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IN A LEAGUE OF HIS OWN
Peter King
April 26, 2004
Iowa's Robert Gallery, an old-school tackle with All-Pro potential, is the best lineman to come out of college in years
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April 26, 2004

In A League Of His Own

Iowa's Robert Gallery, an old-school tackle with All-Pro potential, is the best lineman to come out of college in years

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Except for the shoulder-length hair and the two small hoop rings that he wears on each ear, Iowa tackle Robert Gallery has all the makings of a throwback to the old NFL. He grew up on a 650-acre soybean and seed-corn farm outside Masonville, Iowa, working the fields from the time he was seven. "When you're raised like that," he says, "hard work's your living." He drives a brown 1984 Buick LeSabre Limited with some 126,00 miles on it. "Great car," he says. "It's me. I want to drive it till it dies." He latches on to the player he's blocking and pushes the guy downfield, often flattening him. And Gallery's not afraid to give his beaten defender a post-play jab in the gut, either.

"Whoever drafts him is going to get a 15-year Pro Bowl player," says Washington Redskins offensive line coach Joe Bugel. "I can't find anything wrong with him." In a draft top-heavy with players who should have immediate impact in the NFL, there's no surer thing than the 6'7", 323-pound Gallery—the Outland Trophy winner who might be the best all-around tackle to enter the pros since the Jacksonville Jaguars took Tony Boselli with the second pick in 1995. Gallery is certain to be drafted no later than fourth this Saturday, but with the New York Giants (selecting fourth), the Redskins (fifth) and the Cleveland Browns (seventh) all coveting him, and the San Diego Chargers and the Oakland Raiders listening to offers for the No. 1 and No. 2 picks, respectively, which team gets Gallery is anyone's guess.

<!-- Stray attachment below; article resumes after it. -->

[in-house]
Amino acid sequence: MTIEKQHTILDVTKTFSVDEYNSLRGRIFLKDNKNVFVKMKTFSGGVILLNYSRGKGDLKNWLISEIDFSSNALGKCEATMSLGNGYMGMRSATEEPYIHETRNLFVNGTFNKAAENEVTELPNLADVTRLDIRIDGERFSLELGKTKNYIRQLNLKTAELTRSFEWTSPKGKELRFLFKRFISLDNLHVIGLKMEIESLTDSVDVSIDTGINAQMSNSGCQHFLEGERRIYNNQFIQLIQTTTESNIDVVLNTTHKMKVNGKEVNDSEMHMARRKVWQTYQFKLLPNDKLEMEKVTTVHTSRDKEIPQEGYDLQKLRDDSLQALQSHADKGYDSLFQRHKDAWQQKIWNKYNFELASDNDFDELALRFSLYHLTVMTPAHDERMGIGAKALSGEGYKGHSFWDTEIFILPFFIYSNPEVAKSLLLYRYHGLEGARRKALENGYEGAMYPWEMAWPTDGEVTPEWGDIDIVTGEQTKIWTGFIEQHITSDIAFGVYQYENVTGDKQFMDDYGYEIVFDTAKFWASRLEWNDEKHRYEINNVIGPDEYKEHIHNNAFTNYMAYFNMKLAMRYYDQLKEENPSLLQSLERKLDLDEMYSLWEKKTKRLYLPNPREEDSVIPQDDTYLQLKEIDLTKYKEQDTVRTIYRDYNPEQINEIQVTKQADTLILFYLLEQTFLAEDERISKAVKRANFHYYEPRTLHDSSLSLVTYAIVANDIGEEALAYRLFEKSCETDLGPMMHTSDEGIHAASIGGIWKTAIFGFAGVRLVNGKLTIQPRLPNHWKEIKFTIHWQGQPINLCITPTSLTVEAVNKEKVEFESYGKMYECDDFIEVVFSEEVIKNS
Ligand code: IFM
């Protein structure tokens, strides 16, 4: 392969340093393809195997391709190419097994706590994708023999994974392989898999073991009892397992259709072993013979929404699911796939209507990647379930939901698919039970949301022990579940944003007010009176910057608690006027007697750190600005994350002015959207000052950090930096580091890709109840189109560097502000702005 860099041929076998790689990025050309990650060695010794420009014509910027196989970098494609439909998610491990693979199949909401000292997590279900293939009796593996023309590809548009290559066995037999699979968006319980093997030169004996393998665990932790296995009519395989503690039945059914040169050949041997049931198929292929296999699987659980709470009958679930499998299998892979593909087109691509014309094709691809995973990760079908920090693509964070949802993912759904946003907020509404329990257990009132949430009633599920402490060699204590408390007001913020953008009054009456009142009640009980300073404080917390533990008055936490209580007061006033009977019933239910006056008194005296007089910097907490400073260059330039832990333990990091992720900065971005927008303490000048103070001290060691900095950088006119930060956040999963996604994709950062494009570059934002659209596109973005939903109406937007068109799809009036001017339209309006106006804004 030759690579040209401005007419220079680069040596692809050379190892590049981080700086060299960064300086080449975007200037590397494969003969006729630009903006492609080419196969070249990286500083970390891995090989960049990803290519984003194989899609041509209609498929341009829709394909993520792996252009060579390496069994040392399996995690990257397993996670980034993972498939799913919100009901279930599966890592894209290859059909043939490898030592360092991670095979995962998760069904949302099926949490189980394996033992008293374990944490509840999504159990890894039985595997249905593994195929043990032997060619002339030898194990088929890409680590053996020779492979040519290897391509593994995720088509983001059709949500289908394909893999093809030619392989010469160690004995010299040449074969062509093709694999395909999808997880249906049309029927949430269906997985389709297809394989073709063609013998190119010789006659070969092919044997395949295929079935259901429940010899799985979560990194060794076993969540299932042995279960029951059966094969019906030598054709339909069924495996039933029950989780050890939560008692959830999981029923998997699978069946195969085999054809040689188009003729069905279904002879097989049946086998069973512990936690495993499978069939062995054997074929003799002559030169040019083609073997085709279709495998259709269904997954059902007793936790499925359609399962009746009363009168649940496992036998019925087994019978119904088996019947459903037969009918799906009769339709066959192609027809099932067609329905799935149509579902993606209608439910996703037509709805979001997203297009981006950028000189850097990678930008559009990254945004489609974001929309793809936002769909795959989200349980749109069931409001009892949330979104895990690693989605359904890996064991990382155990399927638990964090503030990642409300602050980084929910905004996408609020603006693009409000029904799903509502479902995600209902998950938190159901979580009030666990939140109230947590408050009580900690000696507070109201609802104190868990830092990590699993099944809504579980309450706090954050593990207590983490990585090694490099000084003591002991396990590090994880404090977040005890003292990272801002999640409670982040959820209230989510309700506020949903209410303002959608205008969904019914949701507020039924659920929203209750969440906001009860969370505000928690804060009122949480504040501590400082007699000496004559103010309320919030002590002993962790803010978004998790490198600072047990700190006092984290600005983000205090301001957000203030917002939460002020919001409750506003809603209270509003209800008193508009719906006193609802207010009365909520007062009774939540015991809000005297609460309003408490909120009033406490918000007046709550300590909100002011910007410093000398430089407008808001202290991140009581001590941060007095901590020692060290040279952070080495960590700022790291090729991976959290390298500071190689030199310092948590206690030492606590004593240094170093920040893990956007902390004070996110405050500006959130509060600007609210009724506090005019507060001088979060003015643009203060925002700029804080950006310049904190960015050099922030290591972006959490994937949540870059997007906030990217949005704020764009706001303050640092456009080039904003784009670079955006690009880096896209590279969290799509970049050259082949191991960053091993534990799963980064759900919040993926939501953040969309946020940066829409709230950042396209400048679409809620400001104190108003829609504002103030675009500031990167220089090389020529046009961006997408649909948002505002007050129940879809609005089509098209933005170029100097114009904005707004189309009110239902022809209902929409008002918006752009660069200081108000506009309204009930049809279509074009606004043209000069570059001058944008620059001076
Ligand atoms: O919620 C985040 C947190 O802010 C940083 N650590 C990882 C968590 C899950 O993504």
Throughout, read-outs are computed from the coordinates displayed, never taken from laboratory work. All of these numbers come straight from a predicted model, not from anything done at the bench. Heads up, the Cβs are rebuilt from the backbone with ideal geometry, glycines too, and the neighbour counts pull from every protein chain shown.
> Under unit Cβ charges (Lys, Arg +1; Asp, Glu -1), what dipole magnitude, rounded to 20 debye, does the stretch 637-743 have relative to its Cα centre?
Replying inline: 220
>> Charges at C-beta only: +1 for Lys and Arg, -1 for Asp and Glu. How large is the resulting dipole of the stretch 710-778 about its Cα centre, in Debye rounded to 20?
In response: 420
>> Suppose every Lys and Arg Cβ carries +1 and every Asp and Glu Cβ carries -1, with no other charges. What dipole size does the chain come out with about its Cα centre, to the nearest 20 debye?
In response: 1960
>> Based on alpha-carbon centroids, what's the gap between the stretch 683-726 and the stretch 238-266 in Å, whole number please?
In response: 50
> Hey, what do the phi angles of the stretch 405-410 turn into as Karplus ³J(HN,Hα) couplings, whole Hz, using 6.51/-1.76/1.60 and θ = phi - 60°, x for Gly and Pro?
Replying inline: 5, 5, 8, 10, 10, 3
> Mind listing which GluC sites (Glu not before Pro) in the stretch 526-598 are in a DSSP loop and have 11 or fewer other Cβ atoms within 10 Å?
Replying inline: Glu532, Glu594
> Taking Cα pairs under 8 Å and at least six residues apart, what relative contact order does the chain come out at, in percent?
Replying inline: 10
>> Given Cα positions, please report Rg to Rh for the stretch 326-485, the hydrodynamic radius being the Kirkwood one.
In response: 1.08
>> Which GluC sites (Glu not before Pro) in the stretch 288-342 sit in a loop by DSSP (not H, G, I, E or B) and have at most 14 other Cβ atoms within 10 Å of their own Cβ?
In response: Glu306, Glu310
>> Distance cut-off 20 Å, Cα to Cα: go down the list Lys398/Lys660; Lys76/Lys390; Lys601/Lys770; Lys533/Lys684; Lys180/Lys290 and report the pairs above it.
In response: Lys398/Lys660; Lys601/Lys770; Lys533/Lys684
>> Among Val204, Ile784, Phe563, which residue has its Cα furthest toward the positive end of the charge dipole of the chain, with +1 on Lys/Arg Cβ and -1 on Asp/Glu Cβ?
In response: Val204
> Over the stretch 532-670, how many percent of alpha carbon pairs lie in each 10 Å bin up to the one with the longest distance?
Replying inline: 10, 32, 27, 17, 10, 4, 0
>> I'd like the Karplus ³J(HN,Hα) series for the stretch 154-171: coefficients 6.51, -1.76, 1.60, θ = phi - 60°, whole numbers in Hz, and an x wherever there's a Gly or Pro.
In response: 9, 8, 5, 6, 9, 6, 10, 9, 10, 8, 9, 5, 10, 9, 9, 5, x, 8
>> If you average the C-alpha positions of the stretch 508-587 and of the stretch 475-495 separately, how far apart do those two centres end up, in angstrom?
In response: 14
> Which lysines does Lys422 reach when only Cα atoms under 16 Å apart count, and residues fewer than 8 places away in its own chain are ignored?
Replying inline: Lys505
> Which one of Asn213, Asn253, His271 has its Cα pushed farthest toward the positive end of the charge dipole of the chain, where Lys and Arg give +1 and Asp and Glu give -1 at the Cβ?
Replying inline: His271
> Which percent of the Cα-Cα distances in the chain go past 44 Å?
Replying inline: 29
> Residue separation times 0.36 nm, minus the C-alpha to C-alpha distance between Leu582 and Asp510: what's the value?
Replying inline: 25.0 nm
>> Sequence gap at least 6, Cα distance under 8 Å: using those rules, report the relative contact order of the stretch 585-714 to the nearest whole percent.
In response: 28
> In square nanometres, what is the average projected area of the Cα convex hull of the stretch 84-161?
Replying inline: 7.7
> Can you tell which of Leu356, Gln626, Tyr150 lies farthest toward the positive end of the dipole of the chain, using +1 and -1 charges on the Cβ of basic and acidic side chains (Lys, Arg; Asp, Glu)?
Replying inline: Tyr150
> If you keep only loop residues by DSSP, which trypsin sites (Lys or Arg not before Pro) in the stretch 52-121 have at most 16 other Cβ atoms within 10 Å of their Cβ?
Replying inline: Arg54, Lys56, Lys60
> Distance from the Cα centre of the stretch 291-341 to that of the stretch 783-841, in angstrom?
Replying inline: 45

That club will get a feisty, technically sound worker bee with tremendous strength. Iowa coach Kirk Ferentz, who as a Baltimore Ravens assistant was All-Pro left tackle Jonathan Ogden's first NFL position coach, says Gallery compares more favorably with Boselli, the five-time Pro Bowl selection who retired last year because of a chronic shoulder injury, than with Ogden. "I don't know of any tackle who is as smooth and athletic and strong as Jonathan," says Ferentz. "Robert and Tony are more physical, more emotional, and they dominate like Jonathan."

In fact, Gallery may be more emotional than even Boselli. Last November, with the Hawkeyes trailing Wisconsin 21-17 at halftime, Gallery stormed to the center of the locker room, picked up a trash can and heaved it across the room and against a wall. "I'm not leaving here with a loss!" he screamed. "Who's coming with me?" The Hawkeyes shut out the Badgers in the second half and won 27-21.

Fittingly, Gallery is a fan of classic linemen. He has studied tape of the Redskins' famous Hogs line of the 1980s and was thrilled to learn during an early April visit to Washington that Bugel and coach Joe Gibbs hoped to draft him. "He would have fit in great with the Hogs," Bugel says. "He's a dominator. He's got some dirtbag in him. He'll drink a beer with you. When we talked, I told him, 'You're our kind of people.' "

Gallery will fit in on any team. On Saturday we'll know which one.

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